How To Clean Metal Objects Other Than Silver

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Learn a few tricks that will help you effectively clean metal objects other than silver.

The tin is very popular among objects made by craftsmen, and some of them are so beautiful that receive a place of honor in the house. Tin is used frequently and is the perfect material for jewelry, vases, picture frames and sculptures. On the other hand, the metal is soft and can be easily scratched. To keep it clean and protected, pewter pieces are cleaned with a concentrated solution of soap dissolved in hot water. Use a soft cotton or wool, which does not scratch. After being cleaned, it should be polished with a brush or a piece of felt.

Some pieces of tin can be treated with a darkening agent to get an antique look. It should not be polished, and cleaning is done with cold water and soap.

Stained tin or brass objects are cleaned with a mixture made of white vinegar and flour until the cream thick resulting a paste. Add a tablespoon of salt. Use an old soft toothbrush and rub soiled or stained items with slightly abrasive mixture, then rinse them with warm water

Bronze can be cleaned with water that dissolves a little soap, then dry with chamois leather.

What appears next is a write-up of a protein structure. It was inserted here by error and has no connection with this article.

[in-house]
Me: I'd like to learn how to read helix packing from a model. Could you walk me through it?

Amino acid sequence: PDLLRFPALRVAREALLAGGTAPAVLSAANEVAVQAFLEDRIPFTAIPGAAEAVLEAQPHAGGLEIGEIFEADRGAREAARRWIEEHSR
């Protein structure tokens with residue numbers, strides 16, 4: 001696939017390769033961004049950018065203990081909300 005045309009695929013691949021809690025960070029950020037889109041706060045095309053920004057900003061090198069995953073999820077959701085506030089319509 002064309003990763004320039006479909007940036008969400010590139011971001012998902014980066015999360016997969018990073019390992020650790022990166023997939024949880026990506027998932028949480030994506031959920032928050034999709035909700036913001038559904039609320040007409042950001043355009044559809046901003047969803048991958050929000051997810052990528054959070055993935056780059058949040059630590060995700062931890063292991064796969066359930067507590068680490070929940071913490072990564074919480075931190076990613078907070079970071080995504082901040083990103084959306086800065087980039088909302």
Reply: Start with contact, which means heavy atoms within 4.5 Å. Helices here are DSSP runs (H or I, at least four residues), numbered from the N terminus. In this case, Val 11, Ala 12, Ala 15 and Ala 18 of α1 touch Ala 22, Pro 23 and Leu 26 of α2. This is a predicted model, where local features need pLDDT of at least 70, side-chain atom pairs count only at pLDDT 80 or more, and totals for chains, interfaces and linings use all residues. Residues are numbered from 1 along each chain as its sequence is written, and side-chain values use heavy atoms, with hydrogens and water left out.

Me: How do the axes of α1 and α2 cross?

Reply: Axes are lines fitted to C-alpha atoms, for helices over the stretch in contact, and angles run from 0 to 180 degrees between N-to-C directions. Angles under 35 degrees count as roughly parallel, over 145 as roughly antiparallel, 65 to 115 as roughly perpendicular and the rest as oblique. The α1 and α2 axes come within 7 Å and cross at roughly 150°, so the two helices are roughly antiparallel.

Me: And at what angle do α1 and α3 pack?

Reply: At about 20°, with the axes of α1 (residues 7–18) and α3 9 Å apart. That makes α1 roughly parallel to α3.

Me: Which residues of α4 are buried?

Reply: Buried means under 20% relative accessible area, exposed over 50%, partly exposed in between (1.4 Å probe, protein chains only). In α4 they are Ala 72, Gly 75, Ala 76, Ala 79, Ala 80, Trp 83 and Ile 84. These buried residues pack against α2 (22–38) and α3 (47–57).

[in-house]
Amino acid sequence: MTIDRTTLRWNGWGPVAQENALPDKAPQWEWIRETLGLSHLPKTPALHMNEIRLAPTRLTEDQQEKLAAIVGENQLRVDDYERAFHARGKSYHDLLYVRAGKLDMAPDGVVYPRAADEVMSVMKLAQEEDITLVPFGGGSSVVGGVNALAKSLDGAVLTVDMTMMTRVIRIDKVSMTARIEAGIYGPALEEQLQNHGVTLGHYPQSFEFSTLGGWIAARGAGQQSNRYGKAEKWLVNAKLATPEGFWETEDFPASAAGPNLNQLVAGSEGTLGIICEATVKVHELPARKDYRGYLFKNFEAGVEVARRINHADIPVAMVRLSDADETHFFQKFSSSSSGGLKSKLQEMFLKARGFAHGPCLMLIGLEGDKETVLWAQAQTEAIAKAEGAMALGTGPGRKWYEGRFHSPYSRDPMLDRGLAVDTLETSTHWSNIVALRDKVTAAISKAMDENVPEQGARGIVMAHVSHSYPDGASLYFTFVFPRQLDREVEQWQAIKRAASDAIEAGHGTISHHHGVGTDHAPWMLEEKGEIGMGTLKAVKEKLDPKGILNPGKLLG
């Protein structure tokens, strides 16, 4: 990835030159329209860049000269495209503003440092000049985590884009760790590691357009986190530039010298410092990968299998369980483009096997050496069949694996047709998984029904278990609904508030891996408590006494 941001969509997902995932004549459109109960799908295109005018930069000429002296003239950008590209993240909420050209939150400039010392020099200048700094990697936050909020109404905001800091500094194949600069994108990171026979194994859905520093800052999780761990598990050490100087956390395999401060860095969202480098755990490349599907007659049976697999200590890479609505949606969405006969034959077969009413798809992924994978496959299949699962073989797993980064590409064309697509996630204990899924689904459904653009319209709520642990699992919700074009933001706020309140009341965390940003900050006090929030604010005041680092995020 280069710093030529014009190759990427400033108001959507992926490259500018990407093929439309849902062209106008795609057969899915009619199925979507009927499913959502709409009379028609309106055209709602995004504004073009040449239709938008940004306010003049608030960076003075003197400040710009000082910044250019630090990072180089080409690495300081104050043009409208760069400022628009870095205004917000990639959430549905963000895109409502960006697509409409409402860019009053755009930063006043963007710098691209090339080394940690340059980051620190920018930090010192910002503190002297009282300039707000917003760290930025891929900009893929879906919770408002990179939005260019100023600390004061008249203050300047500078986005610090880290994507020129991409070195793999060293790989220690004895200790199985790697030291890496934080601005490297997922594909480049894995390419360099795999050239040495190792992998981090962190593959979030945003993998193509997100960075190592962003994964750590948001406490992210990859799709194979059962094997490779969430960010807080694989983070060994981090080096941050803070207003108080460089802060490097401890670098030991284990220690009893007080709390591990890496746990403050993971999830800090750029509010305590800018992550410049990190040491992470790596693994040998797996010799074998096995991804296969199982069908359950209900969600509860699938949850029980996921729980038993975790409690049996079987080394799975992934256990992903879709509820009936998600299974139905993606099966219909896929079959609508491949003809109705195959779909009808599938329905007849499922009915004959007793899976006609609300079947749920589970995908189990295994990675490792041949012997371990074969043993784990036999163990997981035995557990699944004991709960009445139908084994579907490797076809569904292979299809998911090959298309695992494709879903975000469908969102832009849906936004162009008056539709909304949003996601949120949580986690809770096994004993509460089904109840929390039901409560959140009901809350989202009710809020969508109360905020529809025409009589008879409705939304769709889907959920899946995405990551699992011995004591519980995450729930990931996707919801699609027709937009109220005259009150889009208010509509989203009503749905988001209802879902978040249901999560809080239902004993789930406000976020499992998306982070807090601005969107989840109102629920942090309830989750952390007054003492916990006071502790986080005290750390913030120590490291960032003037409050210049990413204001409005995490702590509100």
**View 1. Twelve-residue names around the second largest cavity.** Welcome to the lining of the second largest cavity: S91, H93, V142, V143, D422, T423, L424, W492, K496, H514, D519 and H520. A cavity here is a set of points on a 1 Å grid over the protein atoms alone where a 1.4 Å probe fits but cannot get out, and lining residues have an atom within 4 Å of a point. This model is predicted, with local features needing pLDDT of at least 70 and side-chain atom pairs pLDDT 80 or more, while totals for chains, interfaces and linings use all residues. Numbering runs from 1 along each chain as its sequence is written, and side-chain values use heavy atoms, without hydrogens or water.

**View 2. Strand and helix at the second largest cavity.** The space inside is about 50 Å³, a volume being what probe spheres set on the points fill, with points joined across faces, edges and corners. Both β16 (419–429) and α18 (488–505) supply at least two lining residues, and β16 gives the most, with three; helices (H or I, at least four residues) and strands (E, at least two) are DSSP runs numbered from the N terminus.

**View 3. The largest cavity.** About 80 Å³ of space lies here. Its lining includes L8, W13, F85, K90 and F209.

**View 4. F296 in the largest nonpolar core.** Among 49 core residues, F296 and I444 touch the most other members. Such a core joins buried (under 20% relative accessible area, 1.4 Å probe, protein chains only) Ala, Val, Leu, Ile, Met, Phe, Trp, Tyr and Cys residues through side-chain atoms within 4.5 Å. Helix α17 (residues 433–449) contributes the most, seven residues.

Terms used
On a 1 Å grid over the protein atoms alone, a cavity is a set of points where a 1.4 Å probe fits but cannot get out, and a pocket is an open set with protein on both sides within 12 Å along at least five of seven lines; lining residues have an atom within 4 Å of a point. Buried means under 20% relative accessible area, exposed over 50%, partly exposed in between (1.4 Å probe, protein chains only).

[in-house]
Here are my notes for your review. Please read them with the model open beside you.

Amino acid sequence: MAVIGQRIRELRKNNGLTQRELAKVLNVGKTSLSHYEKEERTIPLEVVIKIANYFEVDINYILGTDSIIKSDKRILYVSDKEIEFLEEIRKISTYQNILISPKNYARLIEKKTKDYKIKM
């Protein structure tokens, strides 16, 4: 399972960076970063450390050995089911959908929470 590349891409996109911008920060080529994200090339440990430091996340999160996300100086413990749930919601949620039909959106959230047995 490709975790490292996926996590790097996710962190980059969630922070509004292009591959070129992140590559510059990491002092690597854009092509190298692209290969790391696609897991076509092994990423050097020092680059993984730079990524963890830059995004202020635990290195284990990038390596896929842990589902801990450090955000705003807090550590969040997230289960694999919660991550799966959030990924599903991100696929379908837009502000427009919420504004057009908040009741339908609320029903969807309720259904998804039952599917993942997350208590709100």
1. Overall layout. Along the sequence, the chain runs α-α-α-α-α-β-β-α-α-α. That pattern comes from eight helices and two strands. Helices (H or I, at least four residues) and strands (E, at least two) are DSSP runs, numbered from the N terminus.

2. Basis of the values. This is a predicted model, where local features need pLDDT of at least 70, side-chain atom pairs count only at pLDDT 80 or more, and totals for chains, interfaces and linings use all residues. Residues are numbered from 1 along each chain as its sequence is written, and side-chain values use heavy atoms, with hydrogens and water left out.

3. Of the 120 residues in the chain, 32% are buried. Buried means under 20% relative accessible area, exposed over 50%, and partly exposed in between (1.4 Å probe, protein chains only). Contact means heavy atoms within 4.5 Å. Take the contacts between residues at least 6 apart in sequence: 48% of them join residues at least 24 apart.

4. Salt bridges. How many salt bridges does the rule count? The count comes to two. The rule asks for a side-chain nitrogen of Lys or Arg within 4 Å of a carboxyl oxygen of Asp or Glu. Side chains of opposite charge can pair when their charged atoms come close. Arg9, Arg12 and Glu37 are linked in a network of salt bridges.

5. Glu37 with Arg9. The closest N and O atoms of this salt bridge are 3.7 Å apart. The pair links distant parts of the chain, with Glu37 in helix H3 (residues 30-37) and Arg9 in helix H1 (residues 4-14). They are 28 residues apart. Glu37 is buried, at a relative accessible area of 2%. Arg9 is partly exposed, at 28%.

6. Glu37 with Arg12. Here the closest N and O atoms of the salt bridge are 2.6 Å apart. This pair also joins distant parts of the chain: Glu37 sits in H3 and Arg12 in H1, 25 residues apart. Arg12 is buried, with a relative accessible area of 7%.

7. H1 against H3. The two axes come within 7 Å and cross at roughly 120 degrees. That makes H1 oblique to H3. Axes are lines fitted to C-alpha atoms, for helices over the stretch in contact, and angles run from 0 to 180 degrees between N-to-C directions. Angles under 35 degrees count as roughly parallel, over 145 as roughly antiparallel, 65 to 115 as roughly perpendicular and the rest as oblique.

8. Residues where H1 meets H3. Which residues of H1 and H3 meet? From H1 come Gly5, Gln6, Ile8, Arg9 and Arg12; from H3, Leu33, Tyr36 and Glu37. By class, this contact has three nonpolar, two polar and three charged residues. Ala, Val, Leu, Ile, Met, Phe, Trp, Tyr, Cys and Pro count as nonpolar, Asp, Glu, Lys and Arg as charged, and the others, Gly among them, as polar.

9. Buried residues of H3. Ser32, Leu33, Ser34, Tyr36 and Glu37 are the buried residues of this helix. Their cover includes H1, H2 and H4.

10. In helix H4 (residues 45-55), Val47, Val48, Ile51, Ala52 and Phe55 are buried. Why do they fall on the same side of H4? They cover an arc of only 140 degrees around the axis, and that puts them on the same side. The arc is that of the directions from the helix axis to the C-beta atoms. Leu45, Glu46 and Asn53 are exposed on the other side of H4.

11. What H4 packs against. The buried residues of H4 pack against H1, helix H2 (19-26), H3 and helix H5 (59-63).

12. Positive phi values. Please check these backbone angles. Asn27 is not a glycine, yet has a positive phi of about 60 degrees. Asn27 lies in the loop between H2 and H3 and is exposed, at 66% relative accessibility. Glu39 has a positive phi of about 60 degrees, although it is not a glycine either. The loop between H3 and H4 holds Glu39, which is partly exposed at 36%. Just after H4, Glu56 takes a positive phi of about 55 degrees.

Copper can be cleaned by a single sprinkling with a brush dipped in lemon juice. Vinegar and lemon juice and white wine are shining brass and alpaca. The brilliance of metal objects will be more sustainable if you polish them with newsprint.

The aluminum objects get clean and have a high luster if rubbed with a cloth soaked in a sodium borate solution obtained by dissolving 30 g of borax in one liter of water, to which was added 10 grams of ammonia. The solution should be hot and rinse thoroughly after cleaning with hot water.

Brass items are cleaned well if rubbed with crushed chalk that put a little lemon juice or vinegar or vinegar-soaked wheat bran. Once you have clean it, wipe with a soft cloth slightly greased with vegetable oil.

Brass objects are cleaned with vinegar. Fill vaporizer with white vinegar and sprinkle the surface with dull objects. Then sprinkle with fine salt and rub with a soft cloth. Rinse with warm water. Strongly oxidized brass will need several similar treatments.

Brass objects are cleaned with a mix of lemon juice and baking soda combined to the consistency of toothpaste. Rub the object with it and let it work for a few minutes. Rinse with lukewarm water. Because brass acquire and luster after being cleaned, rub a little olive oil applied to cloth or chamois leather (without oil).

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